Did Bears Make the Fur Trade Possible? Seasonal Resource Scheduling during Wisconsin’s Early and Middle Historic Periods
Author(s): Ralph Koziarski
Data have been found to suggest increased consumption of bear meat at Eastern Wisconsin sites during the seventeenth and eighteenth centuries. While bear remains are rare at these sites, they occur at generally higher densities than at Late Prehistoric Late Woodland and Oneota sites in the same region. Ethnohistoric evidence, supported by zooarchaeological data from the eighteenth century Meskwaki Grand Village (Bell Site) indicate that ritualized disposal behaviors may have impacted the archaeological visibility of bears, even after they became a more common dietary component. The increased consumption of bears appears to be related to changes in settlement and subsistence patterns associated with the influx of resettled peoples, their fur-trading related scheduling needs, climate change, and possible shifts in belief systems related to the great cultural stresses of the period.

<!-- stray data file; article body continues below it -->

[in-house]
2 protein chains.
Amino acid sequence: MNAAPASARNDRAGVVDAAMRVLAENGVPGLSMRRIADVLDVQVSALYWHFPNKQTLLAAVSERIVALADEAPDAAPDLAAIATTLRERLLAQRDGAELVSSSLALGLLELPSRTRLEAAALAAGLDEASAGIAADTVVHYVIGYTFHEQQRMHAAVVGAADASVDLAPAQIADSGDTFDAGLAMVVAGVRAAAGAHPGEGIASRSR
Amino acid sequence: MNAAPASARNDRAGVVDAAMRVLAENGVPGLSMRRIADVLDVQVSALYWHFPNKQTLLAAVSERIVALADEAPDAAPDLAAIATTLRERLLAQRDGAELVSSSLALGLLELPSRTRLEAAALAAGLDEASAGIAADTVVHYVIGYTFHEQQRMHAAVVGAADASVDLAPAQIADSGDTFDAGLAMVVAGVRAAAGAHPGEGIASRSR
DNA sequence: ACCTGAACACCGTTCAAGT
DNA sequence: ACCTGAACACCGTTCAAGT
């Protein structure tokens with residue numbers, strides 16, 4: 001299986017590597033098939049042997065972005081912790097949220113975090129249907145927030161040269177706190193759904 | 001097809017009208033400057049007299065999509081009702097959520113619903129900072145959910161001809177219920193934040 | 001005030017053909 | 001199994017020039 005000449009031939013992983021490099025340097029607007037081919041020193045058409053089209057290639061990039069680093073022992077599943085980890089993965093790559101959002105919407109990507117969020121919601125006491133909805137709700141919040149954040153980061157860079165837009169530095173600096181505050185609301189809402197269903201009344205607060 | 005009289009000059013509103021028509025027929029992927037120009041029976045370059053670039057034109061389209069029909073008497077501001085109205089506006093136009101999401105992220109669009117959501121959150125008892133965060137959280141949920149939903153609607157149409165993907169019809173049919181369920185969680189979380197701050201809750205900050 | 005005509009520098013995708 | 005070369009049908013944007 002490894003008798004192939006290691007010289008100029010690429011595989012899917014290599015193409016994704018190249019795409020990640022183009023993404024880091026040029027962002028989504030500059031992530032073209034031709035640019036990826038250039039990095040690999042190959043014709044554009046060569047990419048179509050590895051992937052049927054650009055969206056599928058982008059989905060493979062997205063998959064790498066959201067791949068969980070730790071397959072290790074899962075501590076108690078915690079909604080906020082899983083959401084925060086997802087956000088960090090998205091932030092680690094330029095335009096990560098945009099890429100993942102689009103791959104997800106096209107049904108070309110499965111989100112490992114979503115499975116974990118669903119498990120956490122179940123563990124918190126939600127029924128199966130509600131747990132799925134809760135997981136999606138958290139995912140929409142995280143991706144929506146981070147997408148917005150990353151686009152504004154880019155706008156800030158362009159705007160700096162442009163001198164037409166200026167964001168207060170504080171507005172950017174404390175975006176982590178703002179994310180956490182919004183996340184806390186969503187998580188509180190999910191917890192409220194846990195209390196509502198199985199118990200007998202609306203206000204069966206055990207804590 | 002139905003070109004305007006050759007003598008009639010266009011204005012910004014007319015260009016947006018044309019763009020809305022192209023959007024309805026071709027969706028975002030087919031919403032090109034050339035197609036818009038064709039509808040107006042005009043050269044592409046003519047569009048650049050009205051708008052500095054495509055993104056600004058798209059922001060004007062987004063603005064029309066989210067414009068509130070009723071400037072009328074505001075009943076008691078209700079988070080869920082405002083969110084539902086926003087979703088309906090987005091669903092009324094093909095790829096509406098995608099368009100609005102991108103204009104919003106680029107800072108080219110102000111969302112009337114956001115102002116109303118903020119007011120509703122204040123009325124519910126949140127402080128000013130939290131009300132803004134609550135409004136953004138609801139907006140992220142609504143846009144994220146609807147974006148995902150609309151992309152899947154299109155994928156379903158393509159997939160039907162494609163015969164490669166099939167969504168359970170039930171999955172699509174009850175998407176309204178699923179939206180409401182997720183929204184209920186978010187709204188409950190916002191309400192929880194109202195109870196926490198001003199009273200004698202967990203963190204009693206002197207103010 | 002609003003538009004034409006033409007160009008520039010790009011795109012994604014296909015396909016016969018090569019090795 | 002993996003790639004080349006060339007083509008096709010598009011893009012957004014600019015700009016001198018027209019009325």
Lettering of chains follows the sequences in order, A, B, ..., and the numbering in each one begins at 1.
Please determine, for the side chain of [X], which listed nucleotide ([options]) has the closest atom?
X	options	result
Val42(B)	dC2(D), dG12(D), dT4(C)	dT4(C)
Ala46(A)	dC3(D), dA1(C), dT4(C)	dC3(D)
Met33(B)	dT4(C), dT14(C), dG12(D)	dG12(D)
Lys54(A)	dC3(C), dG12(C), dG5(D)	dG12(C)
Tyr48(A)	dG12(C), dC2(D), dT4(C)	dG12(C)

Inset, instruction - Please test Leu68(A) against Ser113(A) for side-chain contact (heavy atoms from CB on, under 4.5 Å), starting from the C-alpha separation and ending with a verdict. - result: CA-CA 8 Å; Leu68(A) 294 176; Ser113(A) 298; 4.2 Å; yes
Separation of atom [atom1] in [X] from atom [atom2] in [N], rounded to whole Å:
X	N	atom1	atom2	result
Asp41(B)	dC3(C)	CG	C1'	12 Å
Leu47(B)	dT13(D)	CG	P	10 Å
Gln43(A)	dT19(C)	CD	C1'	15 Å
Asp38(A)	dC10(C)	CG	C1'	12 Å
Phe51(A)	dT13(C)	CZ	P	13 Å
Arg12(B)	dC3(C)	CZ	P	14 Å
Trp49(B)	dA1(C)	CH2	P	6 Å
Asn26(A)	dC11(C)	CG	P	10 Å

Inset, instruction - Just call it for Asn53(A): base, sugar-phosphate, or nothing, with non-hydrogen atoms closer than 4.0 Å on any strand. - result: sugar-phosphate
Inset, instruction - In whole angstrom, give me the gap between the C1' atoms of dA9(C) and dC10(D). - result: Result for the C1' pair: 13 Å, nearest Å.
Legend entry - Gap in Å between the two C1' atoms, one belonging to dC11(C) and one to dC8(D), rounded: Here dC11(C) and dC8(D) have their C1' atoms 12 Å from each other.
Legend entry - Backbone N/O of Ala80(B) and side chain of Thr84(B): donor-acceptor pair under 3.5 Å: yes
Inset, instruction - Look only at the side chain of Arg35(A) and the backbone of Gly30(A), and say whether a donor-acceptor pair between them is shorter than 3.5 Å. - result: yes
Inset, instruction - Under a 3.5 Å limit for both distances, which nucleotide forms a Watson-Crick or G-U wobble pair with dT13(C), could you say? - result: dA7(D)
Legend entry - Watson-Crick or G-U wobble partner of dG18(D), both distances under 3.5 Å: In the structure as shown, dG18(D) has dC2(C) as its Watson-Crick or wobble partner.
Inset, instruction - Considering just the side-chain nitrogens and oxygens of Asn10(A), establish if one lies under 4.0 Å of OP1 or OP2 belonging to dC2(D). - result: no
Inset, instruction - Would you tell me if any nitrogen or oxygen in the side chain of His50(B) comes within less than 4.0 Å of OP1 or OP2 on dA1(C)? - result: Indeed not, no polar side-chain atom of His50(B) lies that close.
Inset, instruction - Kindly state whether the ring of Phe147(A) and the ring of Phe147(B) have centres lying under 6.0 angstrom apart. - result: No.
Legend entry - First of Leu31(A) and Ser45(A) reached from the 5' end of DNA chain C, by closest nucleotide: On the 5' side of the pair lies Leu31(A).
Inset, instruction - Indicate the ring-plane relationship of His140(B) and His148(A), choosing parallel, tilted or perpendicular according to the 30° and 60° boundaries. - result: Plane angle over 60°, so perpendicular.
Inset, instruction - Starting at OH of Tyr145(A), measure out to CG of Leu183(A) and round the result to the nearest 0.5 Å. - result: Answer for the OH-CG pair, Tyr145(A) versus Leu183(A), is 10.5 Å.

Cite this Record
Did Bears Make the Fur Trade Possible? Seasonal Resource Scheduling during Wisconsin’s Early and Middle Historic Periods. Ralph Koziarski. Presented at The 81st Annual Meeting of the Society for American Archaeology, Vancouver, British Columbia. 2017 ( tDAR id: 431212)
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min long: -104.634; min lat: 36.739 ; max long: -80.64; max lat: 49.153 ;
Abstract Id(s): 15828